MAR 28, 2016 4:38 AM PDT

Can Brain Stimulation Relieve Anorexia?

Anorexia nervosa is more than just a desire to lose weight and control eating. Individuals who suffer with this eating disorder have a deep fear of gaining weight and often develop an aversion to food. Theories are that it stems from a need to control something, when other factors in life are out of control, such as family or social life issues, work or trauma. The National Association of Anorexia Nervosa and Associated Disorders reports that anorexia is the third most common chronic illness among adolescents. Approximately 50% of patients with an eating disorder also meet the criteria for depression and that only one in ten people who have an eating disorder will seek or receive treatment for it. 
Can magnetic brain stimulation help patients with anorexia?

A new study from King's College London has shown a reduction in core symptoms of anorexia (limiting food consumption and feeling overweight despite being thin) after only one session of a brain stimulation treatment that is non-invasive and causes no pain or discomfort to the patient. It was published March 23, 2016 in the journal PLOS One.
 
The technique,Repetitive Transcranial Magnetic Stimulation, or rTMS is already used in patients with depression and this new study is the first time a trial has been conducted with patients diagnosed with an eating disorder. Treatment for anorexia is not always successful and with so many cases of it, and so little success, researchers hope that this method can offer some hope to those struggling.
 
In a press release from King's College, Dr Jessica McClelland, Post-doctoral Researcher at the Institute of Psychiatry, Psychology & Neuroscience (IoPPN) and first author of the study, said, “With rTMS we targeted the dorsolateral prefrontal cortex, an area of the brain thought to be involved in some of the self-regulation difficulties associated with anorexia. This technique alters neural activity by delivering magnetic pulses to specific regions of the brain, which feels like a gentle tapping sensation on the side of the head. We found that one session of rTMS reduced the urge to restrict food intake, levels of feeling full and levels of feeling fat, as well as encouraging more prudent decision-making. Taken together, these findings suggest that brain stimulation may reduce symptoms of anorexia by improving cognitive control over compulsive features of the disorder.”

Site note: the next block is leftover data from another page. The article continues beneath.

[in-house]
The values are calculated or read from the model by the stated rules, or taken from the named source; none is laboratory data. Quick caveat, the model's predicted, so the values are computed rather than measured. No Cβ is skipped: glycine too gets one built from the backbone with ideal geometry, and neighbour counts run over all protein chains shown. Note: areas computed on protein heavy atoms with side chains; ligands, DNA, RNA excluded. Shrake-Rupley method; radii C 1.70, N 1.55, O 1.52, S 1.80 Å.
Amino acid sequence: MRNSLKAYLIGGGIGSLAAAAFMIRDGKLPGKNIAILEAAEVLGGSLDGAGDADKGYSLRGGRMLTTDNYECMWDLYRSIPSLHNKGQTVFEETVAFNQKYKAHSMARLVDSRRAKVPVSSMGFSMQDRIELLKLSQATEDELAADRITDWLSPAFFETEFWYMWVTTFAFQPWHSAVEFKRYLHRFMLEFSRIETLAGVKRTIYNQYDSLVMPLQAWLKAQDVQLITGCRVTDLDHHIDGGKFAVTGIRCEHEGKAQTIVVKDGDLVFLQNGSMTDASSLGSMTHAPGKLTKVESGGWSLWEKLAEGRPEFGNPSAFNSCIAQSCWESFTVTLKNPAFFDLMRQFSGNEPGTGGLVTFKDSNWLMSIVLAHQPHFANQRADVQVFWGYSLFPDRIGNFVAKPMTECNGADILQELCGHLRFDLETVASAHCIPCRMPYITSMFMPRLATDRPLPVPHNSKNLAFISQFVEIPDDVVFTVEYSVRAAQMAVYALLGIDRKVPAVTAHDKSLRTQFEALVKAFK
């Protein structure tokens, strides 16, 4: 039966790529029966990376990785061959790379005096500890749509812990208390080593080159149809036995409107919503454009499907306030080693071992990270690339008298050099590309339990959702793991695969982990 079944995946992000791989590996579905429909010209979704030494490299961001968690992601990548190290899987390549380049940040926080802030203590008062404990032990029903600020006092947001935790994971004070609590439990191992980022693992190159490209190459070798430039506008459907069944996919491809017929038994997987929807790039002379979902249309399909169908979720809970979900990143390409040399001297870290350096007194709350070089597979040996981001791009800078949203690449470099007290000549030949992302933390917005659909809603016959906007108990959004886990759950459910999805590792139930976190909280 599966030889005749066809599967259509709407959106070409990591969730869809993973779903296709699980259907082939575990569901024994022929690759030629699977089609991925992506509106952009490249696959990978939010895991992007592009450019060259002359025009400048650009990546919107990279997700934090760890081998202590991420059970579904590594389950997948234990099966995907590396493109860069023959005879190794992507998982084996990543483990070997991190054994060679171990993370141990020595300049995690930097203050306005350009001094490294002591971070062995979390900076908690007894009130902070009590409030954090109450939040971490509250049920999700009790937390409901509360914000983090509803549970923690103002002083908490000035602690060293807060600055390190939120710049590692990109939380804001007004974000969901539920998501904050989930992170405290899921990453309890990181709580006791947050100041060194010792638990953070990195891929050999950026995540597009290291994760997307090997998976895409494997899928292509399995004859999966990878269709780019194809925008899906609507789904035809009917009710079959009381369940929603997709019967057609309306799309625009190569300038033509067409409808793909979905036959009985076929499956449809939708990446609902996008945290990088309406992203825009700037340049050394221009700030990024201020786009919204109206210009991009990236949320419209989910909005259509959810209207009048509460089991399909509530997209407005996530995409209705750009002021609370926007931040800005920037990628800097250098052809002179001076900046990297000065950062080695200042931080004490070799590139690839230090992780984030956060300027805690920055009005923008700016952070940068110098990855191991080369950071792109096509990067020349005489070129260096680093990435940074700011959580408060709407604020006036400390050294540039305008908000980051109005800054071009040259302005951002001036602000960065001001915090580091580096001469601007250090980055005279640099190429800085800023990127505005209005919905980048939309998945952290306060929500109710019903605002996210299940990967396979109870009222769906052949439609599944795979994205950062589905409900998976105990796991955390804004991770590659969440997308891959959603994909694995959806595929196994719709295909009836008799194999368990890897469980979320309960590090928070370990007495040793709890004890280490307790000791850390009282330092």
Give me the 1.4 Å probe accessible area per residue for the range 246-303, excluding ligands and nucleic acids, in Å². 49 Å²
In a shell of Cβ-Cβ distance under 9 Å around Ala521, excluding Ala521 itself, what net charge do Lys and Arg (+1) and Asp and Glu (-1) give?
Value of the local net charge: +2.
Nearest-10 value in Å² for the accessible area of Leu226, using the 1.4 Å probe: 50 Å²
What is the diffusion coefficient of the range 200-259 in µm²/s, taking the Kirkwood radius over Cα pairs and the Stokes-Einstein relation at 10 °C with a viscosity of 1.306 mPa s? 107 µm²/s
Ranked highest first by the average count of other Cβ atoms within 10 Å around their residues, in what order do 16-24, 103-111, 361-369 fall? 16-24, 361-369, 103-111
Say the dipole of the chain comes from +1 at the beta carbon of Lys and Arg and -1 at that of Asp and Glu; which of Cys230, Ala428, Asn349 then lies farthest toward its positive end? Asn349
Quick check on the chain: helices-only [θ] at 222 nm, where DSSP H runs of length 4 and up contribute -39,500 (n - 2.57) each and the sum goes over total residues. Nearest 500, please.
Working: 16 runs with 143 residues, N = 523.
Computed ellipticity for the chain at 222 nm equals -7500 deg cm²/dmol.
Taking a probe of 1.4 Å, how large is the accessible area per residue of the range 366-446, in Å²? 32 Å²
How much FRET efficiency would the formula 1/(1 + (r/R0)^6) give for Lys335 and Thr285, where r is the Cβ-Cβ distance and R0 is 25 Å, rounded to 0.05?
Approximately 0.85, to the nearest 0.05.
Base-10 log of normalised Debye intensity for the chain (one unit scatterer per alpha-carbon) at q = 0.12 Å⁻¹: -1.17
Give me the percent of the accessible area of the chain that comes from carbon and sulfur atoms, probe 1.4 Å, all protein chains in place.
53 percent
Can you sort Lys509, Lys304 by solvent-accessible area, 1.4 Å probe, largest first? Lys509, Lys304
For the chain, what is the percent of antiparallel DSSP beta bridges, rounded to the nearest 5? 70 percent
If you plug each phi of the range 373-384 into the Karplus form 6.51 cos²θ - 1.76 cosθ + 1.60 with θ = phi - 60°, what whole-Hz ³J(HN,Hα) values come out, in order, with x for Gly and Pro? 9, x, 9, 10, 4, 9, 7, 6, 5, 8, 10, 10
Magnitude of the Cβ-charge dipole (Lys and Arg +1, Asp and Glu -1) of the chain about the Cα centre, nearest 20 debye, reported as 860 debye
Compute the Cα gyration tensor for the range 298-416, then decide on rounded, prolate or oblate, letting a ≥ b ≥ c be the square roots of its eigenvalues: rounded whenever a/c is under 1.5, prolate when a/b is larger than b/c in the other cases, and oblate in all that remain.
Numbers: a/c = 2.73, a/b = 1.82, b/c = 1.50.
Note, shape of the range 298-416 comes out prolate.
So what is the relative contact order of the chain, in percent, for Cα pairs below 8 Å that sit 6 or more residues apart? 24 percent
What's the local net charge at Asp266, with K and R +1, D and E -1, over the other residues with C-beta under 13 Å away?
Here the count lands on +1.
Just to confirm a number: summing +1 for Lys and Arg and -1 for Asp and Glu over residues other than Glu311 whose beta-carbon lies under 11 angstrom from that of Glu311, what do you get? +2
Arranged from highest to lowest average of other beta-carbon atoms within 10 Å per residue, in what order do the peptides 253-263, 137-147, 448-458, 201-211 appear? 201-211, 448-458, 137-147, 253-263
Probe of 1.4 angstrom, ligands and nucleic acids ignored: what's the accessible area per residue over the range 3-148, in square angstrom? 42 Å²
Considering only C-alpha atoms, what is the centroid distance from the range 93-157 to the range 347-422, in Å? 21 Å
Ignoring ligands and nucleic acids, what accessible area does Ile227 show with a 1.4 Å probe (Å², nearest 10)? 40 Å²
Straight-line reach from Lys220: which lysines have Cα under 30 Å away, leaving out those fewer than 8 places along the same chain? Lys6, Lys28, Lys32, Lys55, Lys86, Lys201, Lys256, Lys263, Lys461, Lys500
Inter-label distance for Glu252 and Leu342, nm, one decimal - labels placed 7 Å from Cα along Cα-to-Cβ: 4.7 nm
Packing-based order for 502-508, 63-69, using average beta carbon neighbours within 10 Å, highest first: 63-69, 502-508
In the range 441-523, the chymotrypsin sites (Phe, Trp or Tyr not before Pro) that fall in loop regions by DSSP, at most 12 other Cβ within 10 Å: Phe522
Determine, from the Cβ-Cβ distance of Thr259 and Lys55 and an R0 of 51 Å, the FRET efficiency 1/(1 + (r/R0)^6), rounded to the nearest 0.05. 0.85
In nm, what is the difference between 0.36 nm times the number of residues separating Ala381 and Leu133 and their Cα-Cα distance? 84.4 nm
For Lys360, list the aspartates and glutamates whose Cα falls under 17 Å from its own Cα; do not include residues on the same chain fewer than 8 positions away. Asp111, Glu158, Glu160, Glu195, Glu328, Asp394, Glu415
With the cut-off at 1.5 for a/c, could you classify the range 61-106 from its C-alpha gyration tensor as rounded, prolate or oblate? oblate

The study included 49 participants who were exposed to food and asked to make decisions both before and after undergoing rTMS, or in the case of a control group, a harmless placebo session of mock therapy.  Patients reported their feelings and other symptoms at specific intervals, including before treatment, twenty minutes after and 24 hours after.
 
The food exposure portion of the study involved the participants watching a film of people consuming desirable snacks like chips and candy, which could provoke symptoms of anorexia.  They were then asked to rate the appeal of those same foods that were displayed in front of them and describe whether or not they wanted some.
 
In the decision making portion of the trial they were asked to choose between a smaller amount of money they could have immediately, or larger amounts available at different times in the future.
 
The group who received actual rTMS therapy, more prudent decisions were made, such as waiting for a great reward at a later time. This group also reported feeling less anxious about the food film and the food that was present.
 
The team at the Eating Disorders Research Group at King’s College is now working on developing a larger study to see if extended treatment of up to twenty sessions of rTMS can be even more helpful in treating anorexia. For information on the larger study, please visit TIARA. Take a look at the video below which talks more about the study and what might be learned from expanding the research to larger numbers.
 
 
About the Author
  • I'm a writer living in the Boston area. My interests include cancer research, cardiology and neuroscience. I want to be part of using the Internet and social media to educate professionals and patients in a collaborative environment.
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